Standard Issue's product, called One Mask, is designed so it can be produced by companies that have access to automated cutting and seaming technologies, such as manufacturers for furniture, fashion and sportswear brands.
The face mask is not intended to be medical grade but instead aims to help ramp up the production of masks for use by the public. The Centers for Disease Control and Prevention (CDC) has urged everyone living in the US to wear a face cover whenever they are outside of their homes to help slow the spread of Covid-19.
"A month ago we identified the real issue was not around the design of a face mask, but the design of a face mask that provides reasonable protection and can be mass-produced for rapid and wide distribution," Victor Abellan told Dezeen, who is head of operations at Standard Issue.
The design comprises two, symmetrical shapes that can be cut-out from a single piece of material. Standard Issue has designed the patterns so they can be cut by a computer numerically controlled (CNC) router, helping to produce them quickly on a large scale.
The two pieces are then connected to one another at their widest point with ultrasonic welding, which is a common manufacturing technology in many industries, including furniture and sportswear.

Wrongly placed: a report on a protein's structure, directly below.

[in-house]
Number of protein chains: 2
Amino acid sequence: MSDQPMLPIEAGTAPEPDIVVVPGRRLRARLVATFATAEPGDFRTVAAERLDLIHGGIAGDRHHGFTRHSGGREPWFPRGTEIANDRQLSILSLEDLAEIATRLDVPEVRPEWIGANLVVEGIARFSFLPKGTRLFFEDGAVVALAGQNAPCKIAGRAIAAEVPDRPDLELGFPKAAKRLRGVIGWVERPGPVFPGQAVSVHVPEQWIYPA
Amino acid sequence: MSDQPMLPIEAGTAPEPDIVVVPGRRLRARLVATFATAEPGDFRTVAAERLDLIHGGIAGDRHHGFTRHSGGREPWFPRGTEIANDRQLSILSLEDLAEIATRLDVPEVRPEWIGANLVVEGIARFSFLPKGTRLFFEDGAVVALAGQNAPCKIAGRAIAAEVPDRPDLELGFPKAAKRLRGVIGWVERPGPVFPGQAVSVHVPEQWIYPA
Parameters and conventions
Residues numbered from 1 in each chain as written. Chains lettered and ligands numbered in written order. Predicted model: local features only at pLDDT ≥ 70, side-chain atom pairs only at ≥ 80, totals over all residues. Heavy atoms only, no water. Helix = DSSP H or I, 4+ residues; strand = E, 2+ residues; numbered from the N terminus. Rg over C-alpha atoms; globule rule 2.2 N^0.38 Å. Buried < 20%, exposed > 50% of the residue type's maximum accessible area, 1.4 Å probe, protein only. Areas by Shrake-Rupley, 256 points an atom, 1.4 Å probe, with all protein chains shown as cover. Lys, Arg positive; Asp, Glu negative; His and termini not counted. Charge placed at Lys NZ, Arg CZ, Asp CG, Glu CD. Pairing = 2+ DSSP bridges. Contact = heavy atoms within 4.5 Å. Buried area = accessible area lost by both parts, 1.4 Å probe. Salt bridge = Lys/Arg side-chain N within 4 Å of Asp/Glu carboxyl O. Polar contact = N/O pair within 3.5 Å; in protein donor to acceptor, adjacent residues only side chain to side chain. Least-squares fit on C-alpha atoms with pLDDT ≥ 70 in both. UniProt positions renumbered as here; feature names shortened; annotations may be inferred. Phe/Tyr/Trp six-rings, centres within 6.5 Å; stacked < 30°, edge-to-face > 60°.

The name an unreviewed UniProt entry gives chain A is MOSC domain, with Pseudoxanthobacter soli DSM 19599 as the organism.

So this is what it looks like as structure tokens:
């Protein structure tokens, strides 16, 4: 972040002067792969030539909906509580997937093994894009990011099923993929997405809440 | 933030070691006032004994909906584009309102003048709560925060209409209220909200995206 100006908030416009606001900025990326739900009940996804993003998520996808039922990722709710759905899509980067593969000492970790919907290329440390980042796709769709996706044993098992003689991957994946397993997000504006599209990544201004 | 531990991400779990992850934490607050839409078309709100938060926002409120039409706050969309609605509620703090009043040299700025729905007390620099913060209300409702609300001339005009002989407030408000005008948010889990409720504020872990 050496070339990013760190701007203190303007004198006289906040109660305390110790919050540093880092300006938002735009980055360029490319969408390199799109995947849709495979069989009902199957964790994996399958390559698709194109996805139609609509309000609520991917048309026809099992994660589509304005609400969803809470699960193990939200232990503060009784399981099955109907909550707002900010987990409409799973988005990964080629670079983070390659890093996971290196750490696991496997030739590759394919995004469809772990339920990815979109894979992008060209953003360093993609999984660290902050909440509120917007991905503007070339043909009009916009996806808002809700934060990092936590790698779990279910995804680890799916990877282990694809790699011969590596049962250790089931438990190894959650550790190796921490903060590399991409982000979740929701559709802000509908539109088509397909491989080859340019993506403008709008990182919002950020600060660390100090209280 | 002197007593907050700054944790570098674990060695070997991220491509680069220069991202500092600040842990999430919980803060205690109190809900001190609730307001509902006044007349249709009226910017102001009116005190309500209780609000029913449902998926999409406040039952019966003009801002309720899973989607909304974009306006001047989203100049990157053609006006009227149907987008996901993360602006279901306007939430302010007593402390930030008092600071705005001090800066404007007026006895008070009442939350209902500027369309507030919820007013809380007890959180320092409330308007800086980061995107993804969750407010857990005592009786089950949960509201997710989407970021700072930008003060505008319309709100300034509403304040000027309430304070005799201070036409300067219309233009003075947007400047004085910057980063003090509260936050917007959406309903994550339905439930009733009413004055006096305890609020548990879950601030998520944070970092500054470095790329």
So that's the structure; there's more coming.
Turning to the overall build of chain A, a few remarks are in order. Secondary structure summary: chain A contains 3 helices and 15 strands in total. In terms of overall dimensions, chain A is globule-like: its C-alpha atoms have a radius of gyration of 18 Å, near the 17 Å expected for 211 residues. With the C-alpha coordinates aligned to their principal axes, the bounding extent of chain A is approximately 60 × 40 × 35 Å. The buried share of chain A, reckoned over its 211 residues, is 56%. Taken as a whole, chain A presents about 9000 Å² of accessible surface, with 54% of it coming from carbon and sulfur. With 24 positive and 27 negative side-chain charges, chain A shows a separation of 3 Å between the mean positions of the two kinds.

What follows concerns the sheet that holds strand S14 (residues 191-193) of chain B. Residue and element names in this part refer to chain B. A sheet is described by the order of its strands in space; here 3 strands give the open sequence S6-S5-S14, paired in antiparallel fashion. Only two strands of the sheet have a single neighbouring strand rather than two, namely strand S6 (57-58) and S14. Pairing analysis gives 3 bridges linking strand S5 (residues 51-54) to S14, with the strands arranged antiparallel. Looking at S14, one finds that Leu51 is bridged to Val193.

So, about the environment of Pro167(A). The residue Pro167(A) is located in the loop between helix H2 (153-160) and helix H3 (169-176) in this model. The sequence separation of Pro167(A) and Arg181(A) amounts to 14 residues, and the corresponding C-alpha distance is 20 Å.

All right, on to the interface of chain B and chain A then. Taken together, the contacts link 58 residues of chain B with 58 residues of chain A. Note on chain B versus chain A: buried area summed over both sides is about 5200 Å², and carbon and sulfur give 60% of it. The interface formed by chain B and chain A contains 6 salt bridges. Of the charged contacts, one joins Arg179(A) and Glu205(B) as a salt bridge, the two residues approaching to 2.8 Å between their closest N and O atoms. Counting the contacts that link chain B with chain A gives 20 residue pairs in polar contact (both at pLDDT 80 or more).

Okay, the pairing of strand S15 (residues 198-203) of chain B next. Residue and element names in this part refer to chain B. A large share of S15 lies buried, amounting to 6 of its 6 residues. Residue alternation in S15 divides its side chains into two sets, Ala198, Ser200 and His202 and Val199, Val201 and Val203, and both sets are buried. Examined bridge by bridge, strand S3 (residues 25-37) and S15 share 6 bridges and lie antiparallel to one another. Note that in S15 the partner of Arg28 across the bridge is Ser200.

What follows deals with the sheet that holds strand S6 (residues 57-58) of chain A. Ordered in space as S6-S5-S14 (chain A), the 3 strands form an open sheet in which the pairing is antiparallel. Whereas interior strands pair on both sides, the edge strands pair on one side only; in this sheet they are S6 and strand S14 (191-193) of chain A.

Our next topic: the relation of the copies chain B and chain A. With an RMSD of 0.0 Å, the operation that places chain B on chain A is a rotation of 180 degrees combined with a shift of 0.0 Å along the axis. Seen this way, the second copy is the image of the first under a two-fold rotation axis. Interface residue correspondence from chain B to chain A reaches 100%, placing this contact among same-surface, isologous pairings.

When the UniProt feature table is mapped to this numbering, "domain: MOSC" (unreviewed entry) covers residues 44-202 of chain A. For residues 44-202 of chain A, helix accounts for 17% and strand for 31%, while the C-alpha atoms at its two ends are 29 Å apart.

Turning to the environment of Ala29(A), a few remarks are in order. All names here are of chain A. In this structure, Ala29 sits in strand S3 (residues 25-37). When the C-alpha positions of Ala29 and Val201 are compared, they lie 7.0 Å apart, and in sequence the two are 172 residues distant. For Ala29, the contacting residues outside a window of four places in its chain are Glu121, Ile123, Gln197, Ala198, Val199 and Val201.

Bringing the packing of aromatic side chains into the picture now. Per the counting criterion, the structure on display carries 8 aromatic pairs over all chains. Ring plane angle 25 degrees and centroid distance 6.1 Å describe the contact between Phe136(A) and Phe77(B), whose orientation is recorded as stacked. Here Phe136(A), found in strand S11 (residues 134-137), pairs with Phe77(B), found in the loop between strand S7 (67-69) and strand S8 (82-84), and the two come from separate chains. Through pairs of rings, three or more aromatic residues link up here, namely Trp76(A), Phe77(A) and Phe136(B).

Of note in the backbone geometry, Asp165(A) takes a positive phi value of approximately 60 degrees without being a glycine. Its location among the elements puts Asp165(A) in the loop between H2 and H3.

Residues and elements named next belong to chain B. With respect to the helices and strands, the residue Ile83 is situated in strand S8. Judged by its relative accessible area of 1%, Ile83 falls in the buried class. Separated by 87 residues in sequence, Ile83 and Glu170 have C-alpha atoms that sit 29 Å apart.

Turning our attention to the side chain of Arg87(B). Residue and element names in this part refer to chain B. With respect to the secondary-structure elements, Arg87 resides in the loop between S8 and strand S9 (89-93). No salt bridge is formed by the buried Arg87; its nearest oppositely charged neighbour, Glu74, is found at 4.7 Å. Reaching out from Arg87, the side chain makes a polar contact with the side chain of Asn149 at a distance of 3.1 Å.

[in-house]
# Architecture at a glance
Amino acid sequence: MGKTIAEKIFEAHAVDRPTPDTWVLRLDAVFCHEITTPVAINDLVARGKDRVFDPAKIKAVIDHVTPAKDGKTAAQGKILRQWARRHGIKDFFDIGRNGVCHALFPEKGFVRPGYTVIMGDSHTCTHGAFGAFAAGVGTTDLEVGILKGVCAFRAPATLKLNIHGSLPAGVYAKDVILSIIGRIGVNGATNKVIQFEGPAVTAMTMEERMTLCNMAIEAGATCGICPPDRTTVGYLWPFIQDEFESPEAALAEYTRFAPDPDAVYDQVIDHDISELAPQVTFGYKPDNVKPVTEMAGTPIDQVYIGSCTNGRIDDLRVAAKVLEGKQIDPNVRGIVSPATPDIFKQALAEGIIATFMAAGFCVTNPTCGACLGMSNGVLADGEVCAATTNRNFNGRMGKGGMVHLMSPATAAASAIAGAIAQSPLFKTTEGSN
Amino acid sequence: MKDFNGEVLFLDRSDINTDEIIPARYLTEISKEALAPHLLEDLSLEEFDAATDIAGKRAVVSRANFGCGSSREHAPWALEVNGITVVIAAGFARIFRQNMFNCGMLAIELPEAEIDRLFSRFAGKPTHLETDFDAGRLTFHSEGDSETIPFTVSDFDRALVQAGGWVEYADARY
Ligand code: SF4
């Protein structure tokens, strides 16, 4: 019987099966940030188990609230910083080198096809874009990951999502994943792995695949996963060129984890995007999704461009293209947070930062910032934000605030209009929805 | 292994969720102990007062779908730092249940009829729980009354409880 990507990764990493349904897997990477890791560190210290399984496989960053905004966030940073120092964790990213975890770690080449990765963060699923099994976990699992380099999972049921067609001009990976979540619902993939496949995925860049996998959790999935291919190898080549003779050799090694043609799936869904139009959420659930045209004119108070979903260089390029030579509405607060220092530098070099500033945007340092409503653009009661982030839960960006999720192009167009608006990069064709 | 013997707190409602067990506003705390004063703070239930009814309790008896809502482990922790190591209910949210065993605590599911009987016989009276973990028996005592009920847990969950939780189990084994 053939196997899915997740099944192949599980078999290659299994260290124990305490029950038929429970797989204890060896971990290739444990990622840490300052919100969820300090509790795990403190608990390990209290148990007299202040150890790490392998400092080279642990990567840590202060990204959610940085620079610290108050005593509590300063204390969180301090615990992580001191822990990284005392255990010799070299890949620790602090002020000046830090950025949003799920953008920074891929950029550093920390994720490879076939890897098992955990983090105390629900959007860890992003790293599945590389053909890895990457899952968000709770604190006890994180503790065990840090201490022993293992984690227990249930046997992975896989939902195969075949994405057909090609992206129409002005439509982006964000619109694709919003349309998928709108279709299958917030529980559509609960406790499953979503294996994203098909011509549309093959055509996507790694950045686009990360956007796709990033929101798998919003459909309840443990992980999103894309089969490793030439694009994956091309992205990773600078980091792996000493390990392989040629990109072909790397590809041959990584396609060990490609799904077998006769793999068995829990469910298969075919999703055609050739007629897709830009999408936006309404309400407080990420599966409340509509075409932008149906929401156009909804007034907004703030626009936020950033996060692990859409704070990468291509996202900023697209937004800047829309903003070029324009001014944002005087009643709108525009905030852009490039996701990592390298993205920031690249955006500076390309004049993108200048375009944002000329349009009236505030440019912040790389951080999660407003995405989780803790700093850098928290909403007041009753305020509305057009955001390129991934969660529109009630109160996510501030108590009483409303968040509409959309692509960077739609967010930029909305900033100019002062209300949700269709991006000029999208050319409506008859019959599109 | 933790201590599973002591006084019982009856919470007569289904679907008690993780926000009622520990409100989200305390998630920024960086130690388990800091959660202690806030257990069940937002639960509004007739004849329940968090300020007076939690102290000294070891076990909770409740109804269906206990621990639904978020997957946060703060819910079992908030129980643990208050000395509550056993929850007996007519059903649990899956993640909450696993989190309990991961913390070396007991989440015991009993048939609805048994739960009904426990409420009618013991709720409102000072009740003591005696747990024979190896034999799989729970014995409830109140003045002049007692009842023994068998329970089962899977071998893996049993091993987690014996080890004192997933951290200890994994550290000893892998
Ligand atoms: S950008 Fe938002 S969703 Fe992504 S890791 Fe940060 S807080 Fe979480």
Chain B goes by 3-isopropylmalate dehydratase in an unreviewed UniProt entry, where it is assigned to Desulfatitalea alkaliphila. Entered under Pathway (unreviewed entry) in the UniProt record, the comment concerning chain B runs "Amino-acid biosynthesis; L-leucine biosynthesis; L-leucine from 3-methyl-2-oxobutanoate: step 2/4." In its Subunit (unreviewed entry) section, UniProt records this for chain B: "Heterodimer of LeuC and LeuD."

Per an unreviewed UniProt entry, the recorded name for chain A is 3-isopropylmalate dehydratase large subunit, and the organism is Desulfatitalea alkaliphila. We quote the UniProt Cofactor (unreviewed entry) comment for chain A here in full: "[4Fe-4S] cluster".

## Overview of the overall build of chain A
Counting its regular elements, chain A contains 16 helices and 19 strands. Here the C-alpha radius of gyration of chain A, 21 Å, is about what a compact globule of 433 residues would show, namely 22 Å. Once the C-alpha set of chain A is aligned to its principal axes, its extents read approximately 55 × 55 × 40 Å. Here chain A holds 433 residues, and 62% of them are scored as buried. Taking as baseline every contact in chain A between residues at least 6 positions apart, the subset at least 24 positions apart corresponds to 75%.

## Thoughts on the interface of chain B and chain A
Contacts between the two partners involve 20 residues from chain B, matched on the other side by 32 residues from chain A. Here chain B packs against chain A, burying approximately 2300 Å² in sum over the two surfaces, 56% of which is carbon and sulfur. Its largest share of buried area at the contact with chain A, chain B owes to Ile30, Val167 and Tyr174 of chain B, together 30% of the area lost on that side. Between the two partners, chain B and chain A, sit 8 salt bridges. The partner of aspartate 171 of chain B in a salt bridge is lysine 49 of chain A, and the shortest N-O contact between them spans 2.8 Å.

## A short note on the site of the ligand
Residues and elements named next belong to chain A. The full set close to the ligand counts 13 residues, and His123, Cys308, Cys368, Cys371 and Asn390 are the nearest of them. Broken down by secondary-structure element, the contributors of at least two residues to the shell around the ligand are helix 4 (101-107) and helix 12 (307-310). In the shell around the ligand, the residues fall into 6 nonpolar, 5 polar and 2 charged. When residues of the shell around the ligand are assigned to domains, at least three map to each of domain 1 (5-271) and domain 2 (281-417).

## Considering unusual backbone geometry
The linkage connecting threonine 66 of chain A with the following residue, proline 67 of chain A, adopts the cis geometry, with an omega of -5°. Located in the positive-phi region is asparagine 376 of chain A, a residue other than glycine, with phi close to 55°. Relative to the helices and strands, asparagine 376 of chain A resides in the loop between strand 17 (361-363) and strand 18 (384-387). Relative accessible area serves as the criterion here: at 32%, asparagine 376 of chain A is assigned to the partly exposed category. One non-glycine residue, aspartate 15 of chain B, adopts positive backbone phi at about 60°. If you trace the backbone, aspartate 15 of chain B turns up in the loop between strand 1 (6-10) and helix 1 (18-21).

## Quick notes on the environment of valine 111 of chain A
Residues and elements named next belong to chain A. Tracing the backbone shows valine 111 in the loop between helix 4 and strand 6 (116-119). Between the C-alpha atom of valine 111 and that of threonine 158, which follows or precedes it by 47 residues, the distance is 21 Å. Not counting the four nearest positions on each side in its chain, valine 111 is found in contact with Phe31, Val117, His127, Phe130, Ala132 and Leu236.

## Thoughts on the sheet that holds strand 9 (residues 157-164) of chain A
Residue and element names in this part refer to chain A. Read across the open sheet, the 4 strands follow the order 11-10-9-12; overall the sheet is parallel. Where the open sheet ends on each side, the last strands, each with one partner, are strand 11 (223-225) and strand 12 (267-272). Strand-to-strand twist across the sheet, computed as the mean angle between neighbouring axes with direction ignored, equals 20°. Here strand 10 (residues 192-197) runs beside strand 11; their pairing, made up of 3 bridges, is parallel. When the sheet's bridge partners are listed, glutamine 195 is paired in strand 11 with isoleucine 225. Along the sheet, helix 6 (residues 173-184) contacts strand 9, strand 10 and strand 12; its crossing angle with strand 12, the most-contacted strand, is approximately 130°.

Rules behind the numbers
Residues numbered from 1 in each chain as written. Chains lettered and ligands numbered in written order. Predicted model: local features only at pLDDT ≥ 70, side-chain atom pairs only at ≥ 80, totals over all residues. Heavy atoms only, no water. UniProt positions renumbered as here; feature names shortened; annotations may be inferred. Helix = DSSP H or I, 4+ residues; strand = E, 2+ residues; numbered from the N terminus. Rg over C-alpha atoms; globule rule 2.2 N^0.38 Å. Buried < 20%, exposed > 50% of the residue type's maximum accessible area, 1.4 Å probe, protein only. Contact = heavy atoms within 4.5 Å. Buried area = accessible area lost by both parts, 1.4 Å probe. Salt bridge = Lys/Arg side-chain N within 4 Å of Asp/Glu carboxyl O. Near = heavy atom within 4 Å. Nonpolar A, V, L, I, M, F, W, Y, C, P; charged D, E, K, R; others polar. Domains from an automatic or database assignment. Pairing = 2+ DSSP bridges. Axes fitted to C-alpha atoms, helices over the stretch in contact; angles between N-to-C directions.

"It can be produced by organisations in many industries," the studio said. "The technology required to produce One Mask is ubiquitous."
"Manufacturers of sneakers, outdoor and athletic gear, furniture, window coverings, clothing and packaging are a few of the many industries that might pivot to manufacture One Mask."
Standard Issue advises using a "breathable, pliable, soft, non-woven material that will not fray" to make the mask. "The use of nonwoven fabric is a simple choice as it does not require stitching to prevent fraying and it is extremely effective blocking particles from passing through it," it added.
One Mask has a seam that runs down the centre of the nose, mouth and chin, and four straps are tied around the head to secure it.
Standard Issue said it based the mask design on the medical-grade N95 mask, which Lien-teh Wu created in 1910 in response to the pneumonic plague in China. The mask was similarly designed from cloth and sewn together down the middle.
Standard Issue's design comes with a pattern file and a step-by-step brochure. The studio said that the design could also be cut and sewn by hand.
"It can easily be made at home using a sewing machine," Abellan said.
Others have focused their efforts on producing face shields for medical workers treating coronavirus patients. They include brands like Nike and Apple, architecture studios such as Foster + Partners and BIG, and educational institutions like Cambridge University and MIT.
In an interview with Dezeen, physician and epidemiologist Michael Edmond said everyone should wear shields whenever they leave home.
Photography is courtesy of Standard Issue.